This cattle market information is selected from the weekly report from Canfax, a division of the Canadian Cattlemen’s Association. More market information, analysis and statistics are available by becoming a Canfax subscriber by calling 403-275-5110 or at www.canfax.ca.
Fed prices hold range
The fed market has gained a little momentum over the past couple of weeks, but prices have failed to break out of the 20-week trading range of $113-$137 per hundredweight. Last week, dressed sales were reported from $228-$229 per cwt. delivered. Packers were buying cattle for the second half of December and early January delivery.
U.S. buying interest was reported at US$182 per cwt. delivered, depending on freight and dressing percentage. U.S. bids were working back to the upper $130s per cwt. f.o.b. the lot. Even though U.S. bids were at a premium over local deals, weight breaks of 1,050 pounds deterred sellers from sending cattle south and all cattle traded locally.
For the week ending Nov. 21, western Canadian fed slaughter totalled 50,154 head, the second largest slaughter seen this year. For the second half of November this is the largest since 2004. With heavier longer fed cattle coming down the line, quality grades continue to impress. Canadian Prime and AAA grading as a percentage of all A grades was reported at 73.14 percent compared to 72.54 percent last year, and the five-year average of 70.02 percent.
In Ontario, dressed sales were reported at mostly $232 per cwt. delivered, steady with the previous week.
In 15 of the past 20 years, fed prices have increased from November to December. The average increase over those 15 years stands at four percent. Using an historical increase, this would put fed prices on track to average in the low $140s per cwt. for December.
Most of the fed cattle now being marketed are either 2019 fall-placed calves or 2020 spring-placed feeders. Summer-placed yearlings are probably one month away from hitting the market. Few if any summer-placed yearlings are likely to be pulled forward and sold ahead of schedule, given that many yearlings were bought with breakevens in the low to mid $150s per cwt.
In the United States last week, dressed sales in the north ranged from US$172-$174 per cwt., steady to $2 per cwt. higher than the previous week. Live sales in the south were reported from $110-$111 per cwt., steady to $1 per cwt. higher.
The U.S. dollar continues to trade lower, which is positive news for protein and general commodity exports. For the week ending Nov. 21, U.S. imports of Mexican feeder cattle totalled 37,083 head. Year to date, imports are up 12 percent compared to last year.
Cow prices rise
Non-fed prices firmed modestly last week on improved year-end grind demand. Slaughter cows at auction saw prices around $1 per cwt. higher, while dressed bids continued at $135-$140 per cwt. delivered. D2s averaged $6960 and D3s averaged $59.10 per cwt.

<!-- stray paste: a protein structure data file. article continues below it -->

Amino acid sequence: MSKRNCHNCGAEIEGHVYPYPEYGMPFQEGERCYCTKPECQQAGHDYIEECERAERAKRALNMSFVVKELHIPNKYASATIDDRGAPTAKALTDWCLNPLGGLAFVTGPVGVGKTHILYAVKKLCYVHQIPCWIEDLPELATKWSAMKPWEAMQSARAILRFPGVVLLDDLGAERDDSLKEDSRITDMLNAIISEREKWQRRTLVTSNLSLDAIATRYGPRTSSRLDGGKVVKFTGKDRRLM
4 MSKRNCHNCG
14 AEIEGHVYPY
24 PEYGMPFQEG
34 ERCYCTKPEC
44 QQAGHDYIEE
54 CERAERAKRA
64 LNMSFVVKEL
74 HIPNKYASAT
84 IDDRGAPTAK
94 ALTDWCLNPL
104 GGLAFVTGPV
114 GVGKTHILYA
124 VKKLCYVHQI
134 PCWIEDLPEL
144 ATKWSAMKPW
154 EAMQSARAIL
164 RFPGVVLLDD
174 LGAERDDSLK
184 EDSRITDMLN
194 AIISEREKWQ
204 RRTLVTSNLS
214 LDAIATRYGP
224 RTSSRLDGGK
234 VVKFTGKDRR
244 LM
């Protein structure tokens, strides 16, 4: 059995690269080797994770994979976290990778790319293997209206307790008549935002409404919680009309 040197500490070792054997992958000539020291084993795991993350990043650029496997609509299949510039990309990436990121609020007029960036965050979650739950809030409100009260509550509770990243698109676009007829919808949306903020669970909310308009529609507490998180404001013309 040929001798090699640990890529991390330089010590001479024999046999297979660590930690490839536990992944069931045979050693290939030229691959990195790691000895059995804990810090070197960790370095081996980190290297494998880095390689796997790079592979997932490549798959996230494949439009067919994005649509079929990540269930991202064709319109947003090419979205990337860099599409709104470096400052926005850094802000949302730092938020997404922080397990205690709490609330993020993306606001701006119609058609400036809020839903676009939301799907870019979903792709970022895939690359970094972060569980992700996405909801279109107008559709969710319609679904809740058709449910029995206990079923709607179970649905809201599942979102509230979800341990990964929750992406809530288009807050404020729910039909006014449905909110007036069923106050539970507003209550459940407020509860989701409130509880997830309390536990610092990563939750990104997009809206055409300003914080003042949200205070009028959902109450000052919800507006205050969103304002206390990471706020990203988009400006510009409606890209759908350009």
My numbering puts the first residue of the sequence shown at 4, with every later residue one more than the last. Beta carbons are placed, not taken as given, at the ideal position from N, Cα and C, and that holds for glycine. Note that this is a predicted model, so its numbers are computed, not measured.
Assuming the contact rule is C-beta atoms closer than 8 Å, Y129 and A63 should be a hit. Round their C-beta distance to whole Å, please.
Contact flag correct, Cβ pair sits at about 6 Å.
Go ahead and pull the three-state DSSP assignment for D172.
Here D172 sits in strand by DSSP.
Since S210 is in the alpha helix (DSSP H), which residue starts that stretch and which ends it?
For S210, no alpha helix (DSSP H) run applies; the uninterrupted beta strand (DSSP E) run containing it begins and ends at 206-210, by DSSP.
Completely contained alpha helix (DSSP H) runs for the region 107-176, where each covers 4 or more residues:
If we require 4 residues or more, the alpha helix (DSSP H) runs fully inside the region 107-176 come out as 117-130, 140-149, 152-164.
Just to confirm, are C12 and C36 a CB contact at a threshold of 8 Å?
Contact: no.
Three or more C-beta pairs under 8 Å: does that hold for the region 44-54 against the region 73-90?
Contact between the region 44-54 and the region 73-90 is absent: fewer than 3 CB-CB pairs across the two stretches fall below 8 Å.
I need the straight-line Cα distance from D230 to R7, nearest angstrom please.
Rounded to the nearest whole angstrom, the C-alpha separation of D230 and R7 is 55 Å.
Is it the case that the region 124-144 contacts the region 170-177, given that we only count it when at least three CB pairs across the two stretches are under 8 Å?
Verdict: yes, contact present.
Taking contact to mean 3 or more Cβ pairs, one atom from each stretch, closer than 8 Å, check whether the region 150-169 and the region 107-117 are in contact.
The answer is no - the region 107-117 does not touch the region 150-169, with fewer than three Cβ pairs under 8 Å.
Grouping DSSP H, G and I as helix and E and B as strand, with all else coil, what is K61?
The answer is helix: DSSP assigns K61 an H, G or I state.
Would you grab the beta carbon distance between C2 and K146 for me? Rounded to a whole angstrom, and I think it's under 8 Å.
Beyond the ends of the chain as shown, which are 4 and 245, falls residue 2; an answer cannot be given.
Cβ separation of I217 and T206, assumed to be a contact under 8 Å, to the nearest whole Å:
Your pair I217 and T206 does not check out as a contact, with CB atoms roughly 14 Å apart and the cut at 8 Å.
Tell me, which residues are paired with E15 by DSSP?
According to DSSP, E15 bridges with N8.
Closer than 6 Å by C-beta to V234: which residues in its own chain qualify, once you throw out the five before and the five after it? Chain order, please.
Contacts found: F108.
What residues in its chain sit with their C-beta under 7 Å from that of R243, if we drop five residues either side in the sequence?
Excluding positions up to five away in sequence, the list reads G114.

Butcher bull prices strengthened $1.23 per cwt. higher than the previous week to an average of $99.50 per cwt. Most of last week’s momentum was packer interest for immediate slaughter, and interest in feeder cows appears to have softened.
Western Canadian non-fed slaughter for the week ending Nov. 21 surged 66 percent higher than the previous week to a respectable 8,317 head. Slaughter cow prices are expected to strengthen modestly but will likely moderate in the new year. A light offering of bred cattle saw good demand last week with cows averaging $1,662 per head, and bred heifers saw prices higher than $60 per head, stronger than year ago and averaging $1,995 per head.
Mixed calf demand
Feeder cattle prices eased modestly lower last week with mixed demand observed for calves. Light steer calves lighter than 500 lb. traded slightly stronger than the previous week, while similar weight heifer calves traded steady to lower. Middleweight calves from 500-700 lb. traded unevenly with steers slipping around $2 per cwt. lower and heifers trading generally steady.
Ontario 500-600 lb. calves were trading at a modest $1.50 per cwt. premium to Alberta last week, but good Ontario buying interest was observed for preconditioned calves. Feeders heavier than 700 lb. traded from $1 per cwt. stronger to $3 per cwt. lower as buyers selectively chipped away to fill year-end tax orders.
Auction volumes were 21 percent lower than the previous week but were fully steady with the same week last year. Year to date, auction volumes are 10 percent below the same week last year, totalling 1,355,690 head.
The U.S. Department of Agriculture reports that Canadian feeder exports for the week ending Oct. 31 were slightly larger than the previous week at 3,307 head and were significantly larger than the same week last year. Year to date, feeder exports are 40 percent below a year ago at 106,772 head.
Alberta 500-600 lb. steer calf prices two weeks ago rebounded fully steady with the same week last year but last week were $1.50 per cwt. below a year ago. In 2019, 500-600 lb. steer prices firmed around $3 per cwt. higher through December. However, the five- and 10-year historic averages indicate prices typically slide $1-$2 per cwt. lower.
U.S. cutouts jump
In U.S. beef trade, cutouts rallied more than $7 per cwt. higher last week ahead of the Thanksgiving holiday with general strength across the entire carcass. Choice averaged US$245.06 and Select averaged $220.90 per cwt.
Last week’s total U.S. cattle slaughter at 564,000 head was smaller than the previous week, mostly because of the Thursday holiday.